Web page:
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Lake Michigan Hazards

Lake Michigan looks a lot like the sea a lot of the time. They don't call the Great Lakes great for nothing.

Yachtsman Ted Turner once made an offhand remark about sailing on "mill ponds" before embarking on his first Chicago-Mackinac race. He was rewarded for this comment when his boat was demasted in a sudden storm. Not many things can humble Ted Turner.

(The Chicago-Mackinac is a big yacht race covering the 333 miles between Chicago and Mackinac island (pronounced Mackinaw) in Michigan each July.)

When out on Lake Michigan, please be aware of the special hazards, some of which include:

water level
After several years of record high water levels, the lake has receded to record low levels. See current Great Lakes Water Levels from the Army Corps of Engineers. This shows the water level in June, 2002 is 43 inches below the record high level of June, 1986.

Be careful to not run over a submerged object, especially at high speed.

The Lake is pretty cold most of the year. Even when the surface gets warm, it's still frigid a few feet down. Consider adding a wetsuit under your PFD.

A nice sunny day can turn into "The White Squall" in minutes. The Coast Guard helicopter rescue base is now located across the lake in Muskegon, Michigan, roughly 45 minutes flying time from Chicago. Probably a good idea to be wearing your PFD while you wait. A Coast Guard spokesman was recently quoted by the Sun Times to the effect of "we can't save everyone".

(power) boats
OK, it's probably not as bad as the Chain O' Lakes, but there are a lot of power boats and PWC out there with less than thoughtful operators. Last year a Hobie Cat was run down by a power boat off of Wilmette Beach with serious propeller injuries to the Hobie skipper. More recently, one jet skier was struck and killed by another jet skier off Chicago.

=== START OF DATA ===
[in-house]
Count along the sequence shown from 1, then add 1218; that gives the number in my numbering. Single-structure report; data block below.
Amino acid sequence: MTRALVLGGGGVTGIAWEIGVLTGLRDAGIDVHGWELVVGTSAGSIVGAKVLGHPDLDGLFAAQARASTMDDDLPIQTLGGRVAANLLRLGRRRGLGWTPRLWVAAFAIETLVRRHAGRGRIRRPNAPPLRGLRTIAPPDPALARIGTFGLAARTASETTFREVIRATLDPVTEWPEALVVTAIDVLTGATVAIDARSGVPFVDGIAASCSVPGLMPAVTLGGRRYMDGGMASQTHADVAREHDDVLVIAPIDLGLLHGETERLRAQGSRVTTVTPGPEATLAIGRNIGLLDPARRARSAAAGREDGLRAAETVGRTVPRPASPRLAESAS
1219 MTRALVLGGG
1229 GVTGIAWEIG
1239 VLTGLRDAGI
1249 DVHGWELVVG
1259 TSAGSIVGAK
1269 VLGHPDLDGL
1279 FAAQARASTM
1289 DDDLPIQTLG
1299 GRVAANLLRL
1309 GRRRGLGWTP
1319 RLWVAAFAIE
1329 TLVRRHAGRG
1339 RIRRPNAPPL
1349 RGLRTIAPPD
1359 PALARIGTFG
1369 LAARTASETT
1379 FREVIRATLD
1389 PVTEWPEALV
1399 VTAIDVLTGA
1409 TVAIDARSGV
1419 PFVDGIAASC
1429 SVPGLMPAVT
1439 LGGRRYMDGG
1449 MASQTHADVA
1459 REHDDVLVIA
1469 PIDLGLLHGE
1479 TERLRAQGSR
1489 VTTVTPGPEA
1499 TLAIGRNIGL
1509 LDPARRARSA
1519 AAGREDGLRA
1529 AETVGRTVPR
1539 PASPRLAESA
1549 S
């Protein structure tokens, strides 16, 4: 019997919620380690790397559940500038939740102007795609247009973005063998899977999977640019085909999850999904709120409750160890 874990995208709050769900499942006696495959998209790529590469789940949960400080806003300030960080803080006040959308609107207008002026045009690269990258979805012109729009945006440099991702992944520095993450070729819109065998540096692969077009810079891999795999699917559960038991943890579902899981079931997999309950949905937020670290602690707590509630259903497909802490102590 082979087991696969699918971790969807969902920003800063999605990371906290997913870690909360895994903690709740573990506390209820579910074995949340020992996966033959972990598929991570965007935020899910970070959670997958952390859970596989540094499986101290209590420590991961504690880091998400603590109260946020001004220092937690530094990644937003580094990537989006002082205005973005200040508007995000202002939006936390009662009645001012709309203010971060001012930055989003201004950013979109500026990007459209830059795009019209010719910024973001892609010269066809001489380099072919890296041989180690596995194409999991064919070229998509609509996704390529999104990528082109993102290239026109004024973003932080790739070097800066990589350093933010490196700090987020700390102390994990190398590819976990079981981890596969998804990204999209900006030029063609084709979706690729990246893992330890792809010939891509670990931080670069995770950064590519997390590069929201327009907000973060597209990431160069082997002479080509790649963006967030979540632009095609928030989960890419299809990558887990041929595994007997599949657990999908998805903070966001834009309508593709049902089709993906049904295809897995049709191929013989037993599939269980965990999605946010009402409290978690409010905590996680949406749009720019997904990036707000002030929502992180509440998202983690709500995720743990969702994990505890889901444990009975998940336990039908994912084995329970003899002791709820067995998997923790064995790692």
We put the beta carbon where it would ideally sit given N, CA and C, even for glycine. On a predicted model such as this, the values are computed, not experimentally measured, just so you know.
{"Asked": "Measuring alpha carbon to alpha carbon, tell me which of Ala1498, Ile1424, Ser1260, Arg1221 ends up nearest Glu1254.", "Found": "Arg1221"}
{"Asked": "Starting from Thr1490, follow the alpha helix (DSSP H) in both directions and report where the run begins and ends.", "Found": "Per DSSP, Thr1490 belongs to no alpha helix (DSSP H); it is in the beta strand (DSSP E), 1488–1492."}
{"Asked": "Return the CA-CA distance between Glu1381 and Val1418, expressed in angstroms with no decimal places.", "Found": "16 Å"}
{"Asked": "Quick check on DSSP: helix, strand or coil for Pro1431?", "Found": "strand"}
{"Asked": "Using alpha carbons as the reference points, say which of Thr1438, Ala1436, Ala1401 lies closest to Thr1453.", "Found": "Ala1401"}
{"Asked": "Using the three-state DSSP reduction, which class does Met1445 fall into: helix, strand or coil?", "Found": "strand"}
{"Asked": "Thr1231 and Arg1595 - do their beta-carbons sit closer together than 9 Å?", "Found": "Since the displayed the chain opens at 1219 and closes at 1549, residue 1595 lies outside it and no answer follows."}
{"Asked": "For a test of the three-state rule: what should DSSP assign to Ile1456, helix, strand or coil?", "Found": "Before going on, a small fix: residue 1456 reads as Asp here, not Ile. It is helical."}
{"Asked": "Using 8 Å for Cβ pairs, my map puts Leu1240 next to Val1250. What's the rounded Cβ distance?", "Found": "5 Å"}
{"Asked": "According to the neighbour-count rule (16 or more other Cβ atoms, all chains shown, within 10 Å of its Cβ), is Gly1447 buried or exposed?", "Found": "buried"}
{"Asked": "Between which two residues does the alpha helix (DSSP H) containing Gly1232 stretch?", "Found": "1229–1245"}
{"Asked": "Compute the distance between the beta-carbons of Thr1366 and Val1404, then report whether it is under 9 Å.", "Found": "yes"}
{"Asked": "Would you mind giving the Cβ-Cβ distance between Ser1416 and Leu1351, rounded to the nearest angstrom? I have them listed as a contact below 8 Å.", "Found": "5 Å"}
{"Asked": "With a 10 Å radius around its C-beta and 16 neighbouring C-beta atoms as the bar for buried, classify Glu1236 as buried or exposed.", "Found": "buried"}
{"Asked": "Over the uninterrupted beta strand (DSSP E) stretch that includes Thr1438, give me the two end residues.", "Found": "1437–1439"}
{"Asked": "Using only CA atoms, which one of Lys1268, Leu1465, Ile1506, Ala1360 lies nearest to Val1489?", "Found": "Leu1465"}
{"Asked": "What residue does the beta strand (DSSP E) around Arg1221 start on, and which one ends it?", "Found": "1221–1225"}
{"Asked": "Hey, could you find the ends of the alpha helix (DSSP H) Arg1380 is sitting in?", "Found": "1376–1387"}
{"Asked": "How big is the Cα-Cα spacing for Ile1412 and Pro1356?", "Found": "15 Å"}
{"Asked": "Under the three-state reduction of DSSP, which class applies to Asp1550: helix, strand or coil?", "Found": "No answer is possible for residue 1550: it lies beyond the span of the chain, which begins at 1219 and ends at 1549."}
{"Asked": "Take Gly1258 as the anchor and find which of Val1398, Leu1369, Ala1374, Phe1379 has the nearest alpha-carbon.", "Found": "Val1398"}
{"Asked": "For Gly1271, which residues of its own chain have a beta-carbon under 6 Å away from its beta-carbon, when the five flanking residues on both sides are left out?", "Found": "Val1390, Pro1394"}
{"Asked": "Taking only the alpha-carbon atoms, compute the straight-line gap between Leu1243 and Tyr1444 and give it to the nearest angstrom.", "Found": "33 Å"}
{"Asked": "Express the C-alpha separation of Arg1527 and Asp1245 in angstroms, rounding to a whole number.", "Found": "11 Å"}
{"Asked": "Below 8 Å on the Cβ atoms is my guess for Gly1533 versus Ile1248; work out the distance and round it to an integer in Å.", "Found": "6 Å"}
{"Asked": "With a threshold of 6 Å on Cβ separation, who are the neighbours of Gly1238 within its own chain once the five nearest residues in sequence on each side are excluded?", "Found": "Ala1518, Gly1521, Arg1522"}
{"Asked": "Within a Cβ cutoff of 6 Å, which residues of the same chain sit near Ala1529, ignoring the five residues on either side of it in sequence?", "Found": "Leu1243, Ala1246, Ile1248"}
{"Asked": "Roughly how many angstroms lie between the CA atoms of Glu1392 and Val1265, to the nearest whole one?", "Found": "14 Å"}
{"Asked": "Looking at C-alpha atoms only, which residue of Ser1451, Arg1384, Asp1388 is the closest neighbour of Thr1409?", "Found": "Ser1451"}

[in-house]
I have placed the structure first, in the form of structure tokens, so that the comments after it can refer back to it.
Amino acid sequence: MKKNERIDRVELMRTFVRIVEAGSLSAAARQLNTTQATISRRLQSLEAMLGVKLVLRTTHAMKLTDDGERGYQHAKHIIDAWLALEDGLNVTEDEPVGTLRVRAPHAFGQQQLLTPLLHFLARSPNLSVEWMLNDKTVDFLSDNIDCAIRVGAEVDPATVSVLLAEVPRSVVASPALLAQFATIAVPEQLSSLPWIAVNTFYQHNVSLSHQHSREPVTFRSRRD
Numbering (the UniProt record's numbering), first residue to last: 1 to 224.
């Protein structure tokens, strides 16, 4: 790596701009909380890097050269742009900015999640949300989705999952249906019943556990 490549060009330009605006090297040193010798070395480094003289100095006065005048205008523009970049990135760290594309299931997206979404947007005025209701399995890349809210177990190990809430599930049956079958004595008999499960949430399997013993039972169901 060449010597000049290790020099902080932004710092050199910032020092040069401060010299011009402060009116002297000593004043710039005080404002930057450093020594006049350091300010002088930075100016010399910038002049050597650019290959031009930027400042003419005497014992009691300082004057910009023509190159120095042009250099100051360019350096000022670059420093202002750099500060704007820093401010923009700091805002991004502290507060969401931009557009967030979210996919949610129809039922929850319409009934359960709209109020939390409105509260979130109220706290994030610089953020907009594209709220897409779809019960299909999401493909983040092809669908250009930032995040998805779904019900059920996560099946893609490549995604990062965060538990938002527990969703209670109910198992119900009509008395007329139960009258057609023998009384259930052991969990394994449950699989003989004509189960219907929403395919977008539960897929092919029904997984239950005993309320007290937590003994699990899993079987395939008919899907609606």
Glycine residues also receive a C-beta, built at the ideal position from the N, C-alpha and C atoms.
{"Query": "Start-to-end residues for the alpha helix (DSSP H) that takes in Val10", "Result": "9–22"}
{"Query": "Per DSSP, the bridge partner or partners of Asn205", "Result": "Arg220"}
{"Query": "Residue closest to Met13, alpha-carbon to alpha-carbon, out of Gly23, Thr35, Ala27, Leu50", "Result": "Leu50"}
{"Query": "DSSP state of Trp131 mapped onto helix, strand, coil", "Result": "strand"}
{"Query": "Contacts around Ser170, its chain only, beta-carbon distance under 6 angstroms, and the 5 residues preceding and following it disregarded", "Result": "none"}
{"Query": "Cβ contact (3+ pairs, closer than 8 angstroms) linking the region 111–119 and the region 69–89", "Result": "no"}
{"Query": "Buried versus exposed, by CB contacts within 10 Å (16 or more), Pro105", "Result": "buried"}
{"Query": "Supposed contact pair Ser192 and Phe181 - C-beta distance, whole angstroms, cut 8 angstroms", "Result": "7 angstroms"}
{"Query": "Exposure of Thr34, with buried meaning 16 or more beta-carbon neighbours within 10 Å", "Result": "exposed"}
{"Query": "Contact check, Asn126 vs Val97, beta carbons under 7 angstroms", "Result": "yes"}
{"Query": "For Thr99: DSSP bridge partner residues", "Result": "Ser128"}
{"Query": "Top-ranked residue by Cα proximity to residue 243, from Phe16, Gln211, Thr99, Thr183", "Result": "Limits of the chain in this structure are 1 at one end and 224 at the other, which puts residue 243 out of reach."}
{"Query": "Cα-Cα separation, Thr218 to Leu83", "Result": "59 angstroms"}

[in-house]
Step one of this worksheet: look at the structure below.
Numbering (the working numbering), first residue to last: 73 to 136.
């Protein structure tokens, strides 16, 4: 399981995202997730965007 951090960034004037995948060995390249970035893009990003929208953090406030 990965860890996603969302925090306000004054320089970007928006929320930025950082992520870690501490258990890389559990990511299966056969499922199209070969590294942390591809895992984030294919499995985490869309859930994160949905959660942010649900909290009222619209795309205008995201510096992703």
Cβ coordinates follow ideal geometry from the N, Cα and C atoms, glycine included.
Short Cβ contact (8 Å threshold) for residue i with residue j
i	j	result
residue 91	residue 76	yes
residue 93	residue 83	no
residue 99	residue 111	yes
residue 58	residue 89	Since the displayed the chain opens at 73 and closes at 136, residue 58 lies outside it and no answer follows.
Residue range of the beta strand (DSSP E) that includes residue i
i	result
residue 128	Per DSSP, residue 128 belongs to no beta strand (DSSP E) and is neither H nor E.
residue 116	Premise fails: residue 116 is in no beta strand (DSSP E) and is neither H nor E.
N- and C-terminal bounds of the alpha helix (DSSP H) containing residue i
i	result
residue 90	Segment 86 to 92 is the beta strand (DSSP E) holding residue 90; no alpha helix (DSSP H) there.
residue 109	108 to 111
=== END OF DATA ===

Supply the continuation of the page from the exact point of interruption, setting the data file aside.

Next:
big boats
The big "lake boats" and ocean-going "salties" are usually a lot more considerate than your typical jet skier, but at least in theory, the PWC can swerve to avoid you. Not so the big guys.

getting lost
There are no tides to speak of on Lake Michigan, but there is wind, current, fog, and darkness to worry about. Unlike the smaller bodies of water described in these pages, you can lose sight of land on the big pond. A jet skier recently spent a couple of nights drifting on the lake after his engine failed. He was finally able to use one of his rear-view mirrors to signal rescuers.

Aside from the temperature, a swim in Lake Michigan is probably a better bet than a swim in many of the inland bodies of water. Nonetheless, before eating fish from Lake Michigan, you should check the Illinois DNR web site regarding Class 1, 2 and 3 fish to be sure that what you catch can be safely eaten.

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